It’s been awhile since my last post– we’ve been working on adding content to the website– and recently, a topic has been coming up in a spate of cases and consultations. The spike in discussions around this topic here in the office causes me to think it might be a good time to address this issue more generally.
The question is, when you are out in a public place, can the police require you to show them identification?
First of all, let’s be clear what we’re discussing here. The issue is when you are in a public place– not in your own home or on your own property; in those places, the police are clearly not allowed to simply walk in and demand identification. It’s also clear that when you are driving a car or operating a motor vehicle, you can be required to show a police officer your license, and naturally, by doing so, you identify yourself. Even if you think you were pulled over or stopped for no reason, you really do need to show the officer your license and registration. The time to deal with the bogus reasons for stopping you is later.
But if you’re out and about in public, minding your own business, can an officer simply approach you and require you to show identification? The answer is NO, and that’s not new– it’s been the same answer for years, actually. But as with any legal question, the answer isn’t really quite that simple.
You May Respectfully Decline
While an officer is not allowed to require you to show identification, the officer is allowed to ask you for it, even if he or she has no reason whatsoever. The courts have consistently ruled that an officer simply walking up to a random person and asking to see identification falls under the category of a “voluntary” or “consensual” encounter (which clearly shows how few judges have ever been hassled by the police). Now, sure, if you’re the citizen being asked for identification for no reason, you might not quite feel the same way about it; you might understandably feel like you’re being forced to give over your identification. But you ARE allowed to simply say “respectfully, no, I decline,” and then walk away. If the officer has some other basis for stopping you, he or she probably will. If they were really just on a ‘fishing expedition,’ so to speak, then they are simply not allowed to do so.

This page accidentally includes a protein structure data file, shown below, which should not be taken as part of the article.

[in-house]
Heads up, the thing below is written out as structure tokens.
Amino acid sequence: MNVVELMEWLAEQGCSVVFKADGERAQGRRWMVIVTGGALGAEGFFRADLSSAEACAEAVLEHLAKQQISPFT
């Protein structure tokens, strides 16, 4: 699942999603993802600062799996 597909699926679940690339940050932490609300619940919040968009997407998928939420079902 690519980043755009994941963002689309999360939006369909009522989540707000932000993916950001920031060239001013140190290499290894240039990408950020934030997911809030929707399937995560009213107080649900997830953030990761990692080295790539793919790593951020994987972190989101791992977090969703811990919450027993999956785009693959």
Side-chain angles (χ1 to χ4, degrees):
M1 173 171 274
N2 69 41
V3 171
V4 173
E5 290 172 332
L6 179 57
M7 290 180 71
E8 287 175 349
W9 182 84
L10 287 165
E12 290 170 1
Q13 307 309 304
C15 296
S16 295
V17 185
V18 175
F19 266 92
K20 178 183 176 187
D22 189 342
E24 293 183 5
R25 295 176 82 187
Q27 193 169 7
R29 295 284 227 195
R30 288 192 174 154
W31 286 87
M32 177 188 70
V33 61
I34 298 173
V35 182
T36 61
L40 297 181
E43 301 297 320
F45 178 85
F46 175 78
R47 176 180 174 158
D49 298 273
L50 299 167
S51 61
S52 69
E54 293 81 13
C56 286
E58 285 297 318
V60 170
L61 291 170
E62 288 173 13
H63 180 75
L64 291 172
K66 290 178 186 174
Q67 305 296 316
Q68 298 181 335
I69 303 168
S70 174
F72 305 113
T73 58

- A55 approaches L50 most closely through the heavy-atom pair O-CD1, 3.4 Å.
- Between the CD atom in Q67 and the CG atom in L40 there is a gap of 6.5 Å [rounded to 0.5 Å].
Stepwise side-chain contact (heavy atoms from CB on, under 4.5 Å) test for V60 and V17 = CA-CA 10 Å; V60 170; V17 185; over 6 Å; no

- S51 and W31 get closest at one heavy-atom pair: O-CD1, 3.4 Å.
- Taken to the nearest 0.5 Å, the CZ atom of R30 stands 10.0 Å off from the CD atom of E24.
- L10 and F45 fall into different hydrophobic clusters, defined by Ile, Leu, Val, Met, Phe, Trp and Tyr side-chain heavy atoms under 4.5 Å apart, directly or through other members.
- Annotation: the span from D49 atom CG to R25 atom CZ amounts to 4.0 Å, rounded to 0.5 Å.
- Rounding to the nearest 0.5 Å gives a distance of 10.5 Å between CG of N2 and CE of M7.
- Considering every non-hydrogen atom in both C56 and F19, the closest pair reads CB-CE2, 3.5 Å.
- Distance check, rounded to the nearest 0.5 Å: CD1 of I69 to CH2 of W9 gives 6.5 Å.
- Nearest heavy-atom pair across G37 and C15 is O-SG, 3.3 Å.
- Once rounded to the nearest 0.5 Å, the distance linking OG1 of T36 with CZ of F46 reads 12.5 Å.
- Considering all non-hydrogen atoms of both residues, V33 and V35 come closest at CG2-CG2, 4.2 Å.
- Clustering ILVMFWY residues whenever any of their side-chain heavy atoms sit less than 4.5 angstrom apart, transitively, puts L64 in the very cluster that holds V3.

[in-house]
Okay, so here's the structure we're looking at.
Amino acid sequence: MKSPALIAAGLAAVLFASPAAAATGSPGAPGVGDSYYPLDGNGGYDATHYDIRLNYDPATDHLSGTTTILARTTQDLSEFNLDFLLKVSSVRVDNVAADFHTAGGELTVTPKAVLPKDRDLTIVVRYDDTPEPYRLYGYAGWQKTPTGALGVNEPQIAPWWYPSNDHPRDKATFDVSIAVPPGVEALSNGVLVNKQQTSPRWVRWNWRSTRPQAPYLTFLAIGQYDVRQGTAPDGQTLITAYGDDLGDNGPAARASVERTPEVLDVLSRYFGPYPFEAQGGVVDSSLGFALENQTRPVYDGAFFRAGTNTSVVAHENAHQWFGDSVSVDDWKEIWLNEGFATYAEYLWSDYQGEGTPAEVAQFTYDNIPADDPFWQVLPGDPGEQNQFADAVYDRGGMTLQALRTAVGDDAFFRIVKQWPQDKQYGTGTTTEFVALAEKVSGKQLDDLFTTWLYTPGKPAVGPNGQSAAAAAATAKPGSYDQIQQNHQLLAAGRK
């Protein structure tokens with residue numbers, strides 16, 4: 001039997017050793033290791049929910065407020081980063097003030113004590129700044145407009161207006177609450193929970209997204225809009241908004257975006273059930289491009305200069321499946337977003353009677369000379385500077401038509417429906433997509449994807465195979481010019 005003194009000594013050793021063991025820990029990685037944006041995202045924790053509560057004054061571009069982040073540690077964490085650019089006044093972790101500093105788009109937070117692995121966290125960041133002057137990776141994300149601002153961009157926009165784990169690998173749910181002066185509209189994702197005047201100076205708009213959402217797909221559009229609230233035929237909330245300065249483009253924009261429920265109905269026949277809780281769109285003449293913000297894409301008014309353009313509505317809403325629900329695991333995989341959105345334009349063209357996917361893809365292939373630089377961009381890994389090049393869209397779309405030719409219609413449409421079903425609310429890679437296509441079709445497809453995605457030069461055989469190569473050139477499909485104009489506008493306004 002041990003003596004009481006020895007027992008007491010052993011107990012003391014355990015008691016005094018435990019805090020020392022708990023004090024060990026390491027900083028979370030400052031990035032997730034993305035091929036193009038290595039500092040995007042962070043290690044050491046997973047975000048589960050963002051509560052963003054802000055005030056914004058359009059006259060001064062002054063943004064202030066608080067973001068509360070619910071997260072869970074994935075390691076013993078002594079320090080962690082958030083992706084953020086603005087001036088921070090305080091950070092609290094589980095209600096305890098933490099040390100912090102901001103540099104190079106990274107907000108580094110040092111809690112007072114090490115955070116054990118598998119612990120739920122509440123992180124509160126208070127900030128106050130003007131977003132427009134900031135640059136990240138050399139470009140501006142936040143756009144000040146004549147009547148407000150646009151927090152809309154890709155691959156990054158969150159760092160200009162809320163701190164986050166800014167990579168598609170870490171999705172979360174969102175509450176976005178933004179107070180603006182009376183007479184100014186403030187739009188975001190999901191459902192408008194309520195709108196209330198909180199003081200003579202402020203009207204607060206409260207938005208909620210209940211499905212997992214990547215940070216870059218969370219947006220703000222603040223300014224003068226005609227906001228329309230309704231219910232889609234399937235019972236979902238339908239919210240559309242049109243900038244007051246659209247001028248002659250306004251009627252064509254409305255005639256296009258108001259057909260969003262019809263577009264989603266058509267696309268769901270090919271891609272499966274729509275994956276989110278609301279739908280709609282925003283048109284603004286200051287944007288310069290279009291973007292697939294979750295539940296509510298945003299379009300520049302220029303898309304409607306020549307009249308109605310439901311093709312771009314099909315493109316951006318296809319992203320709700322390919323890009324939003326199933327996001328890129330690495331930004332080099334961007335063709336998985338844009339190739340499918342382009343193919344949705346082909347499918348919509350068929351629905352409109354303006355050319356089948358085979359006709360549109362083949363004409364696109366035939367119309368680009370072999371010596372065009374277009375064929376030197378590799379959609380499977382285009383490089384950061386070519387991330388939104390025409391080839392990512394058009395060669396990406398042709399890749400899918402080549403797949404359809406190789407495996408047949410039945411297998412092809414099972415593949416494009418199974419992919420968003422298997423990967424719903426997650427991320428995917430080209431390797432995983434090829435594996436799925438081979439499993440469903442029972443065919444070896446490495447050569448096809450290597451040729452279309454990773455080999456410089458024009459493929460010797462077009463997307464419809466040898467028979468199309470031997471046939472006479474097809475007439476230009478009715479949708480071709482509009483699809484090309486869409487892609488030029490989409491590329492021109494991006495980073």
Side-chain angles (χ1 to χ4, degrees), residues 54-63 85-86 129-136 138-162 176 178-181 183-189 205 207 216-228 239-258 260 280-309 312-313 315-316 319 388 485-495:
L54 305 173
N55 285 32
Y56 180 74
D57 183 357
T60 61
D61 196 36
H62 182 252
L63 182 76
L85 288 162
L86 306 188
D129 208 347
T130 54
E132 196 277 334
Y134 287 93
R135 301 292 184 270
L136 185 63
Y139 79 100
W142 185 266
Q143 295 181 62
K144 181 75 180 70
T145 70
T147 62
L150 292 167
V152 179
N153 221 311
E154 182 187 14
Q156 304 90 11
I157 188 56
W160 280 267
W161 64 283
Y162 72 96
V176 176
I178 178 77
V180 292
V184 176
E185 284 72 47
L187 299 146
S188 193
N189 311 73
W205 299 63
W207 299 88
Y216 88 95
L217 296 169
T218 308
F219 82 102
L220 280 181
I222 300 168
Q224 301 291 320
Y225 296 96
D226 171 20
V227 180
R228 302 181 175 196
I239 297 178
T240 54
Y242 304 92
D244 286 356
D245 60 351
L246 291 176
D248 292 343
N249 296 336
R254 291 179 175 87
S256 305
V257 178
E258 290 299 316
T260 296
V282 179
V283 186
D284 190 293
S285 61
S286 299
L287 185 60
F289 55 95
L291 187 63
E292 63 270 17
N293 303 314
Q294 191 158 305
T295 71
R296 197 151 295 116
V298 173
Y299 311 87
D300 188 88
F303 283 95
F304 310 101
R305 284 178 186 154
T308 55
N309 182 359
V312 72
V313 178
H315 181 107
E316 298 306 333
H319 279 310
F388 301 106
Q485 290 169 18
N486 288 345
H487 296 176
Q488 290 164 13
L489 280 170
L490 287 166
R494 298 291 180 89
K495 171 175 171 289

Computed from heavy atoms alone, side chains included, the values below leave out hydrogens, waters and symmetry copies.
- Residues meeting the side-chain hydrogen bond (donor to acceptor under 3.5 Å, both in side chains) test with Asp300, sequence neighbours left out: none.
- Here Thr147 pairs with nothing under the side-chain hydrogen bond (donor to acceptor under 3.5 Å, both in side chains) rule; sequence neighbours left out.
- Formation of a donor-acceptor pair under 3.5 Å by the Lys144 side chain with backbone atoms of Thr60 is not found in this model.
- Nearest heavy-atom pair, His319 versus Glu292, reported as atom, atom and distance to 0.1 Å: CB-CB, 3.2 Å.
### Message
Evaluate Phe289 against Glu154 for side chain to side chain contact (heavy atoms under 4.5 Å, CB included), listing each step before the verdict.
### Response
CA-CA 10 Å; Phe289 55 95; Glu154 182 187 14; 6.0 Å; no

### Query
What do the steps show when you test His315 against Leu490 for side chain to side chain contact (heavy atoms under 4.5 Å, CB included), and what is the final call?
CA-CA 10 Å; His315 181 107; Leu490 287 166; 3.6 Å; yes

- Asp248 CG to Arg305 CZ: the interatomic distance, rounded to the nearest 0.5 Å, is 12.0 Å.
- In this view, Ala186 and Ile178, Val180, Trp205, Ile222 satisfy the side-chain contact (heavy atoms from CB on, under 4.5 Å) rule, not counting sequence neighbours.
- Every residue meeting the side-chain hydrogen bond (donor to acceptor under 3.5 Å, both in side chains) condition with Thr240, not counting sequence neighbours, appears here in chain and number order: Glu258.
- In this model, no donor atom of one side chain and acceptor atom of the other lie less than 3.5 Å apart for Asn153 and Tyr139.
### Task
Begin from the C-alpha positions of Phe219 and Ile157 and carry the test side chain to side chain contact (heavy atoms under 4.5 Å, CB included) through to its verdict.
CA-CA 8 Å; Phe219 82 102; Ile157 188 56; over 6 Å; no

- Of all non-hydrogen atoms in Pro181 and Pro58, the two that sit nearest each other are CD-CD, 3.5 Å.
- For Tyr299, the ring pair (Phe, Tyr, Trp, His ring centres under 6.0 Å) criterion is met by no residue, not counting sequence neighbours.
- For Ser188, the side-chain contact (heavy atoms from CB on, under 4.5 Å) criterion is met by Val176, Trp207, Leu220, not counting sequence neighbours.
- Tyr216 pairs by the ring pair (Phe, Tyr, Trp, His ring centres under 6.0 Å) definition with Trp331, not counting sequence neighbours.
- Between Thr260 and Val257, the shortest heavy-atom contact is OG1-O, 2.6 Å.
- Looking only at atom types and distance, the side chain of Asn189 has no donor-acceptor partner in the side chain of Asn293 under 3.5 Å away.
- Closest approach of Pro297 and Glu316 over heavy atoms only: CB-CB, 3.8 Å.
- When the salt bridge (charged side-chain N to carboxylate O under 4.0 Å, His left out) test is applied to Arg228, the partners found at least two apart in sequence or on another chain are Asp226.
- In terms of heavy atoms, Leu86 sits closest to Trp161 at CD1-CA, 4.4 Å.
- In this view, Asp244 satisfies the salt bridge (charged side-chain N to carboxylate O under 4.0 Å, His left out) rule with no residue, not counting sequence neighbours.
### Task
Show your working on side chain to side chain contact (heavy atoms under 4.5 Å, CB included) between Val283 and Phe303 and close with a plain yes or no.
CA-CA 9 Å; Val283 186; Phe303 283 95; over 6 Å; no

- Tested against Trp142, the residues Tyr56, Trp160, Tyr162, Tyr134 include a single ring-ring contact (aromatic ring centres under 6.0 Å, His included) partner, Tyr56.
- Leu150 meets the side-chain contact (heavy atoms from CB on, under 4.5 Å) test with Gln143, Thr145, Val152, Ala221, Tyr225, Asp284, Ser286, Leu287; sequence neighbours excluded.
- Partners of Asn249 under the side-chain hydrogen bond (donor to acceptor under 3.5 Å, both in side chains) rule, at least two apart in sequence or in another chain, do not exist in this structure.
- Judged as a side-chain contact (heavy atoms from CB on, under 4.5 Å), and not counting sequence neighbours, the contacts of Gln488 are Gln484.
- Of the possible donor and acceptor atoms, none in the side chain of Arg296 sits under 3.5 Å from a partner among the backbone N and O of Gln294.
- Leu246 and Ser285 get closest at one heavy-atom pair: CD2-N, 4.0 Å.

Practically speaking, of course, there’s often a difference between what the law tells police officers they are allowed to do and what they might actually do in a given situation. In my experience it happens quite often that officers simply don’t know this rule, or else, don’t care. Most officers are true professionals and will react appropriately if you simply refuse identification and walk away, but then again, those officers are less likely to be the ones randomly stopping citizens and demanding identification in the first place. Our office recommends you be aware of certain basic strategies to protect yourself against police misconduct if you decide to assert your constitutional right not to participate in a “voluntary” request for identification. Those strategies, including a very promising new bit of technology, will be discussed in the next post.
If you or someone you love was involved in an incident where the police demanded identification for no reason, and you/your loved one have subsequently been charged with a crime (such as “resisting, obstructing or delaying an executive officer“), please give us a call anytime at 310-633-4612 for a free consultation.